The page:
Document Detail

Penile Veins are the Principal Component in Erectile Rigidity: A Study of Penile Venous Stripping on Defrosted Human Cadavers.
MedLine Citation:
PMID:  22604630     Owner:  NLM     Status:  Publisher    
The human erectile mechanism is an intricate interplay of hormonal, vascular, neurological, sinusoidal, pharmacological, and psychological factors. However, the relative influence of each respective component remains somewhat unclear, and merits further study. We investigated the role of venous outflow in an attempt to isolate the key determinant of erectile function. Dynamic infusion cavernosometry and cavernosography was conducted on fifteen defrosted human cadavers, both before and after the systematic removal and ligation of erection-related penile veins. Preoperatively, an infusion rate of <28.1 mL/min (from <14.0-85.0) was required to induce a rigid erection (defined as intracavernosal pressure [ICP] exceeding 90 mmHg). Following surgery, we were able to obtain the same result at a rate of 7.3 mL/min (from 3.1-13.5) across the entire sample. Thus, we witnessed statistically significant postoperative differences (all p ≤ 0.01), consistently remarking increased ICP, lower perfusion volumes, and a general reduction in time taken to attain rigidity. The cavernosograms provided further evidence substantiating the critical role played by erection-related veins, while histological samples confirmed the postoperative integrity of the corpora cavernosa. Given that our use of cadavers eliminated the influence of hormonal, arterial, neurological, sinusoidal, pharmacological, and psychological factors, we believe that our study demonstrates that the human erection is fundamentally a mechanical event contingent on venous competence.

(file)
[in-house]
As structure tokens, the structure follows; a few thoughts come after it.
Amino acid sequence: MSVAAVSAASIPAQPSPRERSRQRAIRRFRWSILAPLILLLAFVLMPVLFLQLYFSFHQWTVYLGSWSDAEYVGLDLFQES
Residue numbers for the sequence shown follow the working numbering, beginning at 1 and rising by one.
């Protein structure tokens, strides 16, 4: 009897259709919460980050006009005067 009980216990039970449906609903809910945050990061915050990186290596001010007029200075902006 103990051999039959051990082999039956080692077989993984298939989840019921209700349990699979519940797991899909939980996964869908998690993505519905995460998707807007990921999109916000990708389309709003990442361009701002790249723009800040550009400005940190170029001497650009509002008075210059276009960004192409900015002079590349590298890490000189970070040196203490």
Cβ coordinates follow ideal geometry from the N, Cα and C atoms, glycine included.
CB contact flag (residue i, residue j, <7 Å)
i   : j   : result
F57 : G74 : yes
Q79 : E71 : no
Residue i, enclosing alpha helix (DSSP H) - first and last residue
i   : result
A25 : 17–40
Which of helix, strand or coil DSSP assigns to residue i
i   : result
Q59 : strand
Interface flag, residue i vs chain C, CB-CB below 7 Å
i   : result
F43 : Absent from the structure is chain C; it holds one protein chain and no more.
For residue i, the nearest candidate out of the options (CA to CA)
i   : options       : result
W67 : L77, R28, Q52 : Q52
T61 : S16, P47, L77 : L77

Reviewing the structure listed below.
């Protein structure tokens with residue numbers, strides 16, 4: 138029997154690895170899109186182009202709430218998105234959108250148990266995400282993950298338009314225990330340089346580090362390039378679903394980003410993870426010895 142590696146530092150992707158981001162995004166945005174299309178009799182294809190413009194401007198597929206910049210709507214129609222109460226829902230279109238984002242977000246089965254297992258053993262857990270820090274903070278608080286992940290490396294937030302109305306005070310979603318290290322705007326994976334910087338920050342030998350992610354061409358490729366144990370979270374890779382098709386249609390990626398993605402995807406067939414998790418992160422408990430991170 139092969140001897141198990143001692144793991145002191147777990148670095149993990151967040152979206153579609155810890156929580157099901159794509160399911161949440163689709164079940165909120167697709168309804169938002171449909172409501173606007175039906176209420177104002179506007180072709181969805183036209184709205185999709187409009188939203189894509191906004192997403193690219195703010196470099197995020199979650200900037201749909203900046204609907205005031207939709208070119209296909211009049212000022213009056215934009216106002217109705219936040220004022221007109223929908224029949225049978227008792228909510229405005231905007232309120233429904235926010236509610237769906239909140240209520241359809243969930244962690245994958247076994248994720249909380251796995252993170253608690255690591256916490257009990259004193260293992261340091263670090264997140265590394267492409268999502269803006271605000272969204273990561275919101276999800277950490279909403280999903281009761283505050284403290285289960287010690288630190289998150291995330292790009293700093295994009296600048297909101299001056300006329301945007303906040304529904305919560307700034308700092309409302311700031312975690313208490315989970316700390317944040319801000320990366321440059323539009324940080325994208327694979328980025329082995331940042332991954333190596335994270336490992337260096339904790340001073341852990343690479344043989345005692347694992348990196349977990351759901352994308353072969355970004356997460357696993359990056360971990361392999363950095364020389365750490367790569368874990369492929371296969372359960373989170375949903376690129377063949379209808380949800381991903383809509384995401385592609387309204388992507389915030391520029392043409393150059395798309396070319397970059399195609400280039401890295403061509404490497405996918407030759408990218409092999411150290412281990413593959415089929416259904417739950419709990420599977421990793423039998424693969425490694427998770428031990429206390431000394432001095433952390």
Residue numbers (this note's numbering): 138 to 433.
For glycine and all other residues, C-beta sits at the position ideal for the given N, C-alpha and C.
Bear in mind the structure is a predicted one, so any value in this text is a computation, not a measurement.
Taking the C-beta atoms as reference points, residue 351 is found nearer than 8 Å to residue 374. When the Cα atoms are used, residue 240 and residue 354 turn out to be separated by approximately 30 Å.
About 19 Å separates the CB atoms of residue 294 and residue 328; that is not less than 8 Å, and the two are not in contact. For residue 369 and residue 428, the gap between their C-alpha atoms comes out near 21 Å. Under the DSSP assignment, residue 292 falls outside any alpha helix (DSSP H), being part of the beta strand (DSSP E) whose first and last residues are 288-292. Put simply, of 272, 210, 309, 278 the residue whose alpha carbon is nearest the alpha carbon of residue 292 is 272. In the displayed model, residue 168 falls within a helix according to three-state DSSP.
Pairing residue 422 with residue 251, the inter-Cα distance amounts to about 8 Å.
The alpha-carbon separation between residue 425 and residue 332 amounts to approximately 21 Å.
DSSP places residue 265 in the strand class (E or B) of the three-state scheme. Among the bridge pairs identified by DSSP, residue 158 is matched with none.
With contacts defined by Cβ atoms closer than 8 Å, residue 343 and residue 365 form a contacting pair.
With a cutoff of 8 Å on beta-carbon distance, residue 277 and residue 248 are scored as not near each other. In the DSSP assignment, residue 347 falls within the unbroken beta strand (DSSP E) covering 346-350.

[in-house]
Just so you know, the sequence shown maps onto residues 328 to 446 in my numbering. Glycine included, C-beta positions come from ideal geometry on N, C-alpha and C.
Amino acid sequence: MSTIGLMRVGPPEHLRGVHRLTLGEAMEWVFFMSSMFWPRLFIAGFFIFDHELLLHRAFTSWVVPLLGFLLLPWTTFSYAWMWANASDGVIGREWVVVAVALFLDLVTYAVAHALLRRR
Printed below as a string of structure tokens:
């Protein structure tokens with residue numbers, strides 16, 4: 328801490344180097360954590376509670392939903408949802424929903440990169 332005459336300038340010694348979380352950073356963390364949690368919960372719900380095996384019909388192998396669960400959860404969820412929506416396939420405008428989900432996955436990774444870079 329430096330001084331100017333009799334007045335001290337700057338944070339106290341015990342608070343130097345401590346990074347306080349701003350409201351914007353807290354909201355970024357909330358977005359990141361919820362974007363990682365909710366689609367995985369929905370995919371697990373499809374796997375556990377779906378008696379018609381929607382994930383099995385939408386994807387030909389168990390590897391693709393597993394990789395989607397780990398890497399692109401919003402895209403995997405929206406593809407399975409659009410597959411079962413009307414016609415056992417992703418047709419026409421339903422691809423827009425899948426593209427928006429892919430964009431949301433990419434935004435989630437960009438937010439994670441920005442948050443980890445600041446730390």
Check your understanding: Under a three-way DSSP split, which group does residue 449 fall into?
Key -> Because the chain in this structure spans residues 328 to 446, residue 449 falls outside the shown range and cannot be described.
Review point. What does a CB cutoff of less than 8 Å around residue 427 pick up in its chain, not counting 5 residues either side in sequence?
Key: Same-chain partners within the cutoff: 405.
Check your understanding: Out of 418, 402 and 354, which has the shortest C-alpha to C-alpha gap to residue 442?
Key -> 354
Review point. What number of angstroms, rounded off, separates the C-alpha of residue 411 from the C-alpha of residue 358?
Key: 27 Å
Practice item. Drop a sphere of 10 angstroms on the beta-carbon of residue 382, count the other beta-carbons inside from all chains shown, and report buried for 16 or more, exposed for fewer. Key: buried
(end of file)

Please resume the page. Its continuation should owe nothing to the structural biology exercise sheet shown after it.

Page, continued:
Geng-Long Hsu; Yi-Ping Huang; Mang-Hung Tsai; Cheng-Hsing Hsieh; Heng-Shuen Chen; Eugen Molodysky; Chi Can Huynh; Hong-Jeng Yu
Publication Detail:
Type:  JOURNAL ARTICLE     Date:  2012-5-17
Journal Detail:
Title:  Journal of andrology     Volume:  -     ISSN:  1939-4640     ISO Abbreviation:  -     Publication Date:  2012 May 
Date Detail:
Created Date:  2012-5-18     Completed Date:  -     Revised Date:  -    
Medline Journal Info:
Nlm Unique ID:  8106453     Medline TA:  J Androl     Country:  -    
Other Details:
Languages:  ENG     Pagination:  -     Citation Subset:  -    
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